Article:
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Germanwing set for makeover

The Lufthansa Group will shortly announce the details of rebranding and repositioning its low-cost asset Germanwings, the announcement being scheduled for December 6, company officials told reporters Thursday.

The move comes as part of Lufthansa Group’s international reorganization scheme aimed at increasing profitability and in particular, to boost earnings on the group’s activities inside Europe that have for years been generating losses, the firm’s head of European communications Martin Riecken said.

The company’s drive to increase its overall profitability is understandable as the group generated an operating result of €628 million in the first nine months of 2012, down €96 million from the corresponding period of the preceding year.

While maintaining its position as a legacy airline, Lufthansa will be looking to lower its operating cots through shifting greater focus to its low-cost daughter Germanwings in European travel, with the target customer base remaining premium passengers.

“The Germanwings you will see will be a completely different one from the one that exists now,” he said. He stressed that just as before, Germanwings, which he dubbed a “reasonable-cost” airline compared to its low-cost rivals on the market, will be aiming to attract passengers through a high level of quality and service.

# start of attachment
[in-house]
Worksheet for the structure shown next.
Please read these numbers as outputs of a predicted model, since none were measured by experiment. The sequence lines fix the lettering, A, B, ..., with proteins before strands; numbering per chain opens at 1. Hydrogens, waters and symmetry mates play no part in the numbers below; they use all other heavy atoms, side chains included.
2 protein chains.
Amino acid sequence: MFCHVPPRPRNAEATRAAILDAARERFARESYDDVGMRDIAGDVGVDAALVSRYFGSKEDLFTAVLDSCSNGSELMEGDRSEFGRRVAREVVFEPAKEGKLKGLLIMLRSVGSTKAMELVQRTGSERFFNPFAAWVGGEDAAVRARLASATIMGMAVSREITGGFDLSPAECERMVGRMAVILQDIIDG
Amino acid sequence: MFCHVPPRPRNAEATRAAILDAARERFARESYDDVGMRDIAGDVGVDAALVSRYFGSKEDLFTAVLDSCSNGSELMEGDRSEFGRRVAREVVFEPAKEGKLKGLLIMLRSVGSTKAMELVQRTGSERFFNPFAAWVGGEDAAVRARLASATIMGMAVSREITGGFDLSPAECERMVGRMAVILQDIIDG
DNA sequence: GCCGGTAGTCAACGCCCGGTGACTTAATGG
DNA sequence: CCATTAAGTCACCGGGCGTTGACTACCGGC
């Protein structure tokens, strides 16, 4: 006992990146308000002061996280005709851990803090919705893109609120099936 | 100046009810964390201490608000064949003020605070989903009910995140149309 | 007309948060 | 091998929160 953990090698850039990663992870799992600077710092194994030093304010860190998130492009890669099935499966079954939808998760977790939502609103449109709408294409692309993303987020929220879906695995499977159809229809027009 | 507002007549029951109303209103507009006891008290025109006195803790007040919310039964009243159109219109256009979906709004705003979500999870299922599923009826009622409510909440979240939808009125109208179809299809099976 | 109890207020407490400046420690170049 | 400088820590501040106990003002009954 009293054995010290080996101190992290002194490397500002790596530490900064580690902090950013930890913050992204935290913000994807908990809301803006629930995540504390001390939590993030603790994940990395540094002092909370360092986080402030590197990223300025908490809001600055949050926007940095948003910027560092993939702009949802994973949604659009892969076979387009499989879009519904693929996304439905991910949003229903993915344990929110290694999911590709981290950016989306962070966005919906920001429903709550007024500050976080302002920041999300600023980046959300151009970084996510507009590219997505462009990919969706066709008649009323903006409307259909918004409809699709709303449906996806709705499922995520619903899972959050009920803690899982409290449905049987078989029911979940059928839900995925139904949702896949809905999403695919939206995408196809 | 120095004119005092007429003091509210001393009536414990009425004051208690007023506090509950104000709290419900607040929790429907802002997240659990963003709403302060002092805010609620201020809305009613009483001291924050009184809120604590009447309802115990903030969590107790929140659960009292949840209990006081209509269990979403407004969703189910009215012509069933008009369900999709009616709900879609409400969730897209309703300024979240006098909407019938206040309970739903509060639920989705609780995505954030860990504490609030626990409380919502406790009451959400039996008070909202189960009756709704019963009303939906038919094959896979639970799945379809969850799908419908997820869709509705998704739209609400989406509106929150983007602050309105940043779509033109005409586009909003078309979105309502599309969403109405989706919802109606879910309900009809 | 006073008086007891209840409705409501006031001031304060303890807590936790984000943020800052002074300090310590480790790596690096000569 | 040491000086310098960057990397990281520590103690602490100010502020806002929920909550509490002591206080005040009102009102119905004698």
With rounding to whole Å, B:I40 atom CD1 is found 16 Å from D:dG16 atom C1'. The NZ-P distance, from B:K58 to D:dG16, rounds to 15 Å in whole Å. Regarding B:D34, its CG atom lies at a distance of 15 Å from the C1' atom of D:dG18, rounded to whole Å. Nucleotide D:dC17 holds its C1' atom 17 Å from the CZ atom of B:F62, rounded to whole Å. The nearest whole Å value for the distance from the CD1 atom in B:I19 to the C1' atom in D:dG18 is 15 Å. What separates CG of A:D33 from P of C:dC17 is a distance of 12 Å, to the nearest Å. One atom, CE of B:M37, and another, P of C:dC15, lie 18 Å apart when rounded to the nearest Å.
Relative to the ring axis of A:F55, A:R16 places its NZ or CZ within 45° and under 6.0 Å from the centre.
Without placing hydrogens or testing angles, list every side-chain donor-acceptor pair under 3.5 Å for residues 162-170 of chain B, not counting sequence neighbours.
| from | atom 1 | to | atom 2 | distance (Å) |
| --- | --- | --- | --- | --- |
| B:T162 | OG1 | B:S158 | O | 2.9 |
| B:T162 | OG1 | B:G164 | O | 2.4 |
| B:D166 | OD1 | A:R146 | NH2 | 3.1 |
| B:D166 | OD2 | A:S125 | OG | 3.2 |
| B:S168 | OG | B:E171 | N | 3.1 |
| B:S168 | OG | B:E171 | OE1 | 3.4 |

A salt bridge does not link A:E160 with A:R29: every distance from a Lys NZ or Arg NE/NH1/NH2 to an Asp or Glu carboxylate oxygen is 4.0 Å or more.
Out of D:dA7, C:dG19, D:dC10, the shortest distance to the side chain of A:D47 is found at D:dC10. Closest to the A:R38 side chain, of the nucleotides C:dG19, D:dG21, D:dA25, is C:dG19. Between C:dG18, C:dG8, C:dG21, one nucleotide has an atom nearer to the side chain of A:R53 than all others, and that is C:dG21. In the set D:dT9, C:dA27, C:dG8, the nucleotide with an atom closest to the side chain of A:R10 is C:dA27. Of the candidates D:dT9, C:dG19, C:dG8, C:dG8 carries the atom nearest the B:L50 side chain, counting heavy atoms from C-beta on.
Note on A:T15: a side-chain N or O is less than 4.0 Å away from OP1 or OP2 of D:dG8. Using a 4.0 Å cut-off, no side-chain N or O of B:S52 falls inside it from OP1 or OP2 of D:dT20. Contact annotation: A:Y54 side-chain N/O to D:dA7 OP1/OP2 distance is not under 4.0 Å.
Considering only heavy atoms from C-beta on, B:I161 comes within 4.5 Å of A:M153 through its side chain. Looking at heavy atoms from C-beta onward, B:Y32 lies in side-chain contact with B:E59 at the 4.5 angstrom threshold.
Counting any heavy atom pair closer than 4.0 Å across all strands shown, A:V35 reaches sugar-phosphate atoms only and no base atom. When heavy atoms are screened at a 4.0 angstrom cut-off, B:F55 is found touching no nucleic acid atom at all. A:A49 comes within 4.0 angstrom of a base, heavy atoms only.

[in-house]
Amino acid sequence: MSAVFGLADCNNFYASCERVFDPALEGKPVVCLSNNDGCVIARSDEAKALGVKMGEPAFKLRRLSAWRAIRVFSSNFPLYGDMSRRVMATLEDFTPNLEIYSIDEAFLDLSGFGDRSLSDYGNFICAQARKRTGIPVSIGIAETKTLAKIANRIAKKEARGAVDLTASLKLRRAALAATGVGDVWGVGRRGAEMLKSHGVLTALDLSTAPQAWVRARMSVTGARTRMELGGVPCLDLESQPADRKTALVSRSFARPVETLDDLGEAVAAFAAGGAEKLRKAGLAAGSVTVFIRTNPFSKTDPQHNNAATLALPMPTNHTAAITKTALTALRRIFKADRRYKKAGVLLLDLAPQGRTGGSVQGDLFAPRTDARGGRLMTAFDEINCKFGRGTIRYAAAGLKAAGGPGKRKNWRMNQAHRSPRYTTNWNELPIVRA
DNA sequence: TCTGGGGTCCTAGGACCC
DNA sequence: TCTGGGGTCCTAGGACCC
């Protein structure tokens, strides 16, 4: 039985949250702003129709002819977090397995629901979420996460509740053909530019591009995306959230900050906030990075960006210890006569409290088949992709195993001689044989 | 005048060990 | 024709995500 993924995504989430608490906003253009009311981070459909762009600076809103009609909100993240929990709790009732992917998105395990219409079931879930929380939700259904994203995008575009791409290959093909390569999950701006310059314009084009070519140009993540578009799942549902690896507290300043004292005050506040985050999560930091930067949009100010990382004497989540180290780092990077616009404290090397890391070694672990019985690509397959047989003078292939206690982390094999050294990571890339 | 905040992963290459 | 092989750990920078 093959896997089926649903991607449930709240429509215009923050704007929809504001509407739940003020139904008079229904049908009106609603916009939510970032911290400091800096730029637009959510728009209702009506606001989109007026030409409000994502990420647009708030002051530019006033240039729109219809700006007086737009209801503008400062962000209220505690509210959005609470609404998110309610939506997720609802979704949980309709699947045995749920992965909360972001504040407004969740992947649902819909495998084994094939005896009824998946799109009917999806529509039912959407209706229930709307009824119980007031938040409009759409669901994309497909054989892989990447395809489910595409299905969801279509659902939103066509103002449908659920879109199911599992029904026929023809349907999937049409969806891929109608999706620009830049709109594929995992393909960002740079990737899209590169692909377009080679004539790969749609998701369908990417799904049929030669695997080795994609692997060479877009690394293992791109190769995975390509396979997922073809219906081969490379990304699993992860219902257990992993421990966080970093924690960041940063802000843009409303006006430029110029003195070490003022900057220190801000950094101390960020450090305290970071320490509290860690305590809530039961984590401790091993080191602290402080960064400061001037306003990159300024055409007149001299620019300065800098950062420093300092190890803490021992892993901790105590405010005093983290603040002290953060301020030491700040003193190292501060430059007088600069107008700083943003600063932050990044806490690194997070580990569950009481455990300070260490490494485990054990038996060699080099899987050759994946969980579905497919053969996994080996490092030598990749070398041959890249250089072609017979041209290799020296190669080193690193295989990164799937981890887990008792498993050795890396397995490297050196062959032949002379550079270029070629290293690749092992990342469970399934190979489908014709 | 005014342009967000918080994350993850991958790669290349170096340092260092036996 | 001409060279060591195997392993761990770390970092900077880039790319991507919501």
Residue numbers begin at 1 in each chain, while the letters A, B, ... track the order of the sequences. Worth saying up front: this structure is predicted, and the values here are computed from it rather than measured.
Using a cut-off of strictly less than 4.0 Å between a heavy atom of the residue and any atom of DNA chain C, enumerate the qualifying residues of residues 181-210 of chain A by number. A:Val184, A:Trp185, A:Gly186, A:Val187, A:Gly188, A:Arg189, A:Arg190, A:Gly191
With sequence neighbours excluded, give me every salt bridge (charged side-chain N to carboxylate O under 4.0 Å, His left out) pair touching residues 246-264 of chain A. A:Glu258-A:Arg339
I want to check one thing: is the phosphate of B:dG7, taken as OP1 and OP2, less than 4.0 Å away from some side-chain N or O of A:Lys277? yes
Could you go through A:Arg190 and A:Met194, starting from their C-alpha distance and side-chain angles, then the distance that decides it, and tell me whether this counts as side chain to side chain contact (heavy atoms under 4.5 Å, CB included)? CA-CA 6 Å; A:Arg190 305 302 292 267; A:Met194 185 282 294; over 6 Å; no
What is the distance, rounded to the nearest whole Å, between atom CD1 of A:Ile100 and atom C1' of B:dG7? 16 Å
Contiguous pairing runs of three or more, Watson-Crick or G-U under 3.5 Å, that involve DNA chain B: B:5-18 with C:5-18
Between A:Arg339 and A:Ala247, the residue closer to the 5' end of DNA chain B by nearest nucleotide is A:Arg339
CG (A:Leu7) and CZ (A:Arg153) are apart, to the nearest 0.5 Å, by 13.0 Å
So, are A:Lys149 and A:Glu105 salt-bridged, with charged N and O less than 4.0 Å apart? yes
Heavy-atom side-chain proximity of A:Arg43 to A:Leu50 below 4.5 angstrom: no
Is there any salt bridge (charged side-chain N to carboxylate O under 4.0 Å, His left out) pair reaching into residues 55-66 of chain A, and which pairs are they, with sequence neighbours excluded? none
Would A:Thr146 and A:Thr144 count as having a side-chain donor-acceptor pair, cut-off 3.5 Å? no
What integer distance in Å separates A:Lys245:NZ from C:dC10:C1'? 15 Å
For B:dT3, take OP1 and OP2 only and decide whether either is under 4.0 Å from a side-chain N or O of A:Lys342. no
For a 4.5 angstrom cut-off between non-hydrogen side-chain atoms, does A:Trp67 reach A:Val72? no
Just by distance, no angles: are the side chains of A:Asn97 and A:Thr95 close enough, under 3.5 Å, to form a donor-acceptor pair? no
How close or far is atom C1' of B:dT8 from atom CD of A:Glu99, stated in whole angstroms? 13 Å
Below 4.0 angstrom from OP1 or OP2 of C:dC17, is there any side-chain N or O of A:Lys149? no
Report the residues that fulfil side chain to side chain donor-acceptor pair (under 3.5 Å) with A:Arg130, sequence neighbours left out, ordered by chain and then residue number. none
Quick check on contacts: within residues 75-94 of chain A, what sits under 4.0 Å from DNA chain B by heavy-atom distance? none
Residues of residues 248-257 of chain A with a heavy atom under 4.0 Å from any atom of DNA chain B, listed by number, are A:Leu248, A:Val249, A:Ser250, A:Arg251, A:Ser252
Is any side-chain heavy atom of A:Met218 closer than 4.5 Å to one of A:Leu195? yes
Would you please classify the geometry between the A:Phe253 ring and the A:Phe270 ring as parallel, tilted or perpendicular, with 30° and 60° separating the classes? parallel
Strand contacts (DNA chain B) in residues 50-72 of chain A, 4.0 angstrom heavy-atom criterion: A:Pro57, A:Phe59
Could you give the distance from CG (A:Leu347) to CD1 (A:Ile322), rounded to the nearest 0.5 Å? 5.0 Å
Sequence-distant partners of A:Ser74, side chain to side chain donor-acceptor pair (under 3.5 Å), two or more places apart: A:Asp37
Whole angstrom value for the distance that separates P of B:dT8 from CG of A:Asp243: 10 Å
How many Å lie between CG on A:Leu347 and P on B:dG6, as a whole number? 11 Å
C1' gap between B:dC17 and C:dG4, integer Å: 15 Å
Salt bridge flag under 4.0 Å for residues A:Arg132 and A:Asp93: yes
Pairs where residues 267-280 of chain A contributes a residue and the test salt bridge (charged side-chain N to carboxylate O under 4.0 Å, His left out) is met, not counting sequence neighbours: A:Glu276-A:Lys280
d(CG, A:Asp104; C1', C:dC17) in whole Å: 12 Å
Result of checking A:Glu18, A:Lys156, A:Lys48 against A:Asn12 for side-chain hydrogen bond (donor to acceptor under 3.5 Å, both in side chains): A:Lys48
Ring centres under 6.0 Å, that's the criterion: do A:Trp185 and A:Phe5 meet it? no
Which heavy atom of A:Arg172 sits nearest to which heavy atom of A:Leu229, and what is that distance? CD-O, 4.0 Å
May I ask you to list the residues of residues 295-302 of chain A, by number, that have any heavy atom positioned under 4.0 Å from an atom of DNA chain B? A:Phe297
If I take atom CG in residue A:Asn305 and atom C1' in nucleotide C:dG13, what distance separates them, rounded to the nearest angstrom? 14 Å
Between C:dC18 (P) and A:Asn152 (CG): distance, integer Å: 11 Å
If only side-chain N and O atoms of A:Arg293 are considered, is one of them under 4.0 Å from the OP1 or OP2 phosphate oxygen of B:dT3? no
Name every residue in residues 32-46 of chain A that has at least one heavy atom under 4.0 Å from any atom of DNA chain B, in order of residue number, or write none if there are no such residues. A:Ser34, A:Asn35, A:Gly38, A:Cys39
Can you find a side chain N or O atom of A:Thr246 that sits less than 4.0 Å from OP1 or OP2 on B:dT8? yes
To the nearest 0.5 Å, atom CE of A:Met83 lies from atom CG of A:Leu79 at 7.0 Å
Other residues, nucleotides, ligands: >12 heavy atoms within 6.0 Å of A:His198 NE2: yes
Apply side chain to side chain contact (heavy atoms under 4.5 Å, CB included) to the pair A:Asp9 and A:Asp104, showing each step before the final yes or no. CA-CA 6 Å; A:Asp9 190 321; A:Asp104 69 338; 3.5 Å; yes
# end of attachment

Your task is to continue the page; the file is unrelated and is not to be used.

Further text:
Hungary still profitable

While the economic situation weighs heavily on Lufthansa’s European operations, the Hungarian one is making pretty decent profits, added the Ofer Kisch, head of the group’s operations in central and eastern Europe.

He estimated that Lufthansa currently controls 30% to 35% of the market offered by the Liszt Ferenc International Airport in terms of passenger numbers. This year, Lufthansa carried some 660,000 passengers in Hungary, marking an annual increase of approximately 10%. On a group level covering the entirety of the Lufthansa Group with its subsidiaries, the total figure comes to around 970,000, he added.

He said that he hopes that Hungary has gone as low as it can get in the ongoing economic crisis and that 2013 will bring overall improvement.

Lufthansa’s current Hungarian capacities, which were expanded shortly after the Malév collapse in February, are sufficient to meet demand in Budapest, but the airline is prepared to expand the range of assets committed to Hungary, whether it’s on an ad hoc or a sustainable basis, if conditions and demand change, he said.

Costly landing

Lufthansa officials were reluctant to discuss in detail the ongoing debate between airport operator Budapest Airport Zrt and the carriers about the heightened expenses of operating in the Hungarian capital.

“We are not happy about the costs increasing,” Ofer said.

Due to a raised tax from local governments for the use of the land at the airport, Budapest Airport has upped the costs it charges on airlines.

Low-cost carrier Ryanair has said it will significantly downscale its presence in the Hungarian airspace unless more favorable conditions are hammered out. As turizmus.com reported, 12 airlines turned to BA in a letter calling for a reconsideration of the new fee regime.

Kisch said that there are currently no talks going on between the airport’s management and the airilines regarding the matter, although Lufthansa too motioned negotiations.

“We want to take further steps regarding this issue,” Kisch said. “I hope to update you in a reasonable time,” he added.